At Data Protection Education, we have our own Phishing Simulation Tool which allows you to carry out the practices mentioned above by sending ‘fake’ emails to employees, and receive feedback on the number of clicks, and who gives information that they shouldn’t be providing.

Passwords

Passwords also continue to be one of the main ways in which attackers gain access to an organisation. Hackers have moved recently to attacking networks by using legitimate accounts, which means that they can go undetected for longer periods of time. Therefore it's vital that your organisation uses strong passwords, and the use of passwords is secure. In terms of using strong passwords, it is now recommended that passwords are long, and Passphrases are used. You can test the strength of passwords by using ‘brute force/cracking solutions’ against password databases. Using multi factor authentication is also a good way of securing the use of passwords. Assess how many of your workforce are using MFA, and encourage/ensure that employees are doing so. It is also important to understand if employees are reusing passwords for multiple accounts, or sharing passwords with other employees. This can be done through the use of surveys to understand if there exists a culture within the organisation to carry out these practices. Once you are aware that employees are potentially using the same passwords/sharing theirs with others, steps can be taken to outline to employees that this poses a danger, and increases your risk of being a victim of a cyber attack.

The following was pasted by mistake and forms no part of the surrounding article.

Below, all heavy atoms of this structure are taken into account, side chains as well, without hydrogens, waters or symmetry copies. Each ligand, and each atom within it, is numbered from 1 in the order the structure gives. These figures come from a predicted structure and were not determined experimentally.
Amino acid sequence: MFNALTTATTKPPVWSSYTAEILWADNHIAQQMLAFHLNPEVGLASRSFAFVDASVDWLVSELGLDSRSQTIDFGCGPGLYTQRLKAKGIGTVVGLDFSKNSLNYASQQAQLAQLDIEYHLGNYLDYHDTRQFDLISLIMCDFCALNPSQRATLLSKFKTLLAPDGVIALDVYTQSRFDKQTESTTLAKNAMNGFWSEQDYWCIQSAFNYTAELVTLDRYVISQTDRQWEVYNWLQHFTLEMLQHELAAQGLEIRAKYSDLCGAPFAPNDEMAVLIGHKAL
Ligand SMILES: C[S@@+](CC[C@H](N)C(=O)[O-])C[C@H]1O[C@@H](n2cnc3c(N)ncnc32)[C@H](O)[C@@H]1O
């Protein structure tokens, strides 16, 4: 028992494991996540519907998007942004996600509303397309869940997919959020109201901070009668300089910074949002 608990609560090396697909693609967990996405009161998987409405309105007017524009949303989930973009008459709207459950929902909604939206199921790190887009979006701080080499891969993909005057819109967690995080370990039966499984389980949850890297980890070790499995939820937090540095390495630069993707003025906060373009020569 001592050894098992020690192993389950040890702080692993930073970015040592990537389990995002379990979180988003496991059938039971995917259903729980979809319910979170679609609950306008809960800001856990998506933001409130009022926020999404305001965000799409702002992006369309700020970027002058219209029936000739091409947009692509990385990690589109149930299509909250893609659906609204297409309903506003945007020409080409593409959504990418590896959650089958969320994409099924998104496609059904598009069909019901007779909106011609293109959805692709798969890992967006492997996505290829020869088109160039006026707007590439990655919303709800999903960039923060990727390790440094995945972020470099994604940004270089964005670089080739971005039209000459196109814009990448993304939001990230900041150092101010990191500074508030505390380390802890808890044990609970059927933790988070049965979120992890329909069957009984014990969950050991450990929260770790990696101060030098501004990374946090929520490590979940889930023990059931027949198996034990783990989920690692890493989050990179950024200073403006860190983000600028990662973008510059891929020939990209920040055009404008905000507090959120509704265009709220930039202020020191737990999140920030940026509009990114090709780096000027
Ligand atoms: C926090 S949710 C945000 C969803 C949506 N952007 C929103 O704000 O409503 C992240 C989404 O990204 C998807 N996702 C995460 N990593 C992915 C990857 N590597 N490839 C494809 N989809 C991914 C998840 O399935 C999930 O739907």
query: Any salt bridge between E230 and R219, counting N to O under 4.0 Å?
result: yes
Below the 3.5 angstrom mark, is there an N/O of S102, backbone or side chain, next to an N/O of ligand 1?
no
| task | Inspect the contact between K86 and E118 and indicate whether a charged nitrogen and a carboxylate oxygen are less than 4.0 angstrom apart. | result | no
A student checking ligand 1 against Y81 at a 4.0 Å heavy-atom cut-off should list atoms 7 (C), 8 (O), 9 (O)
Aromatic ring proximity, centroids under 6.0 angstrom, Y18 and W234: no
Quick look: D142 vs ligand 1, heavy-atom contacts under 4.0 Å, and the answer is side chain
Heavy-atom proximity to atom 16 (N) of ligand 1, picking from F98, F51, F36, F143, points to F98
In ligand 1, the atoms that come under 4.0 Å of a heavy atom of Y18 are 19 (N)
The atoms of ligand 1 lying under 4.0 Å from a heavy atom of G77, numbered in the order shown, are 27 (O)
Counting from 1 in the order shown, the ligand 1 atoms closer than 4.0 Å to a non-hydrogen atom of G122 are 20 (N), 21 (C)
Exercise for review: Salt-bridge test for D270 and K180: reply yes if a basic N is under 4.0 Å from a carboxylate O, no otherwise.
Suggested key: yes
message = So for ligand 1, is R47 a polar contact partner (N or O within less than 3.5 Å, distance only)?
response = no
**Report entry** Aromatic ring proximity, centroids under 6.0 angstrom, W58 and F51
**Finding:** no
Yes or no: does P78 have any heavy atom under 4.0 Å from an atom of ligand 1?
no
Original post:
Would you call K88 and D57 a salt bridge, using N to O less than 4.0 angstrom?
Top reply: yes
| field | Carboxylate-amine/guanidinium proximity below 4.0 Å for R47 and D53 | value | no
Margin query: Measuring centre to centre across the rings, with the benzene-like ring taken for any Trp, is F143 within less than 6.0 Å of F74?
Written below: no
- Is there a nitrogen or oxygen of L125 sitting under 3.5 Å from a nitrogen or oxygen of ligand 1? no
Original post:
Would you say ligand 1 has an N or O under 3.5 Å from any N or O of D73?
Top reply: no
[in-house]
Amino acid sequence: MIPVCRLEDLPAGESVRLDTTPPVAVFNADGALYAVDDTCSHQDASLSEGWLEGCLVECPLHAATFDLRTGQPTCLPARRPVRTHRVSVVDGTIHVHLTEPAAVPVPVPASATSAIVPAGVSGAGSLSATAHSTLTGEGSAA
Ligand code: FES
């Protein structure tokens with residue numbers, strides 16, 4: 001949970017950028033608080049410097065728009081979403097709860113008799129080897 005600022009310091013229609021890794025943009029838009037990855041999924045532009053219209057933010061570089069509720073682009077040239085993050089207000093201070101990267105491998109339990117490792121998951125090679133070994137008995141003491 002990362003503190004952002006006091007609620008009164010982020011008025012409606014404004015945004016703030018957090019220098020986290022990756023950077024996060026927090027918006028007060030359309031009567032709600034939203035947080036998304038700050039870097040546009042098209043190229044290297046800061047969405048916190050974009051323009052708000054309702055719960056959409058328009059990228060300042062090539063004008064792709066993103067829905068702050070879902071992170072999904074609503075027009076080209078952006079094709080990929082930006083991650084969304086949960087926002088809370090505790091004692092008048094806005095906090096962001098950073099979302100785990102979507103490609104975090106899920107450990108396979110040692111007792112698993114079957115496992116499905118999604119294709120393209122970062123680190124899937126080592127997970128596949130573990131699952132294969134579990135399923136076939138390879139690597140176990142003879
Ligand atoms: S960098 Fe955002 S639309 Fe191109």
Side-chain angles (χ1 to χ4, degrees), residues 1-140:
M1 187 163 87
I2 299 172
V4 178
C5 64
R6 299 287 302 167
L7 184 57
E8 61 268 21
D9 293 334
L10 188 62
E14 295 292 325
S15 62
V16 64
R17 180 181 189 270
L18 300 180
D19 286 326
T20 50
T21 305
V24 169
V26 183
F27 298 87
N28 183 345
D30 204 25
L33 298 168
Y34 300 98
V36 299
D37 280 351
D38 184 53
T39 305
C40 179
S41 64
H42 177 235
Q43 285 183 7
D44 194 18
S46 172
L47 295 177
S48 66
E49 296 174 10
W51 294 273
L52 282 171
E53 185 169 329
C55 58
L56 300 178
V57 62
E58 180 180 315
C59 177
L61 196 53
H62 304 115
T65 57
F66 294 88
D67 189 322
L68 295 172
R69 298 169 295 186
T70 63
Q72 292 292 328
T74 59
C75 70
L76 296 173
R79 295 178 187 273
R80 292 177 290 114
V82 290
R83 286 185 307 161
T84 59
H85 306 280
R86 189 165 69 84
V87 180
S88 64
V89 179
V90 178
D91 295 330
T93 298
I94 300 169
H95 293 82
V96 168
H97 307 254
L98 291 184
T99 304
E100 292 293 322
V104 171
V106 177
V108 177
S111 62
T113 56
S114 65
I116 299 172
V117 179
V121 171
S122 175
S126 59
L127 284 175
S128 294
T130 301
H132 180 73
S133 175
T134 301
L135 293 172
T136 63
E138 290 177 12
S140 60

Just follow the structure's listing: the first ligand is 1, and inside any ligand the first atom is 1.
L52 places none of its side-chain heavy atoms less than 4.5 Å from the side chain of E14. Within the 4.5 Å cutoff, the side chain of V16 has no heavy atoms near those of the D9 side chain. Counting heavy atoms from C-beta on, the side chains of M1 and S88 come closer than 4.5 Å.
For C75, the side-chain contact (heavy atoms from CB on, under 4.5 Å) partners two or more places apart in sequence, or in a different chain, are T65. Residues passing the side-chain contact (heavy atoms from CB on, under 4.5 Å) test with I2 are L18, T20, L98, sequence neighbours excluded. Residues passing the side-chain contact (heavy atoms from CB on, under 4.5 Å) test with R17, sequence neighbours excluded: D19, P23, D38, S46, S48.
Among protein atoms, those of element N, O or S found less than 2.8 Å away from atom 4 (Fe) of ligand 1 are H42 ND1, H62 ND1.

Updates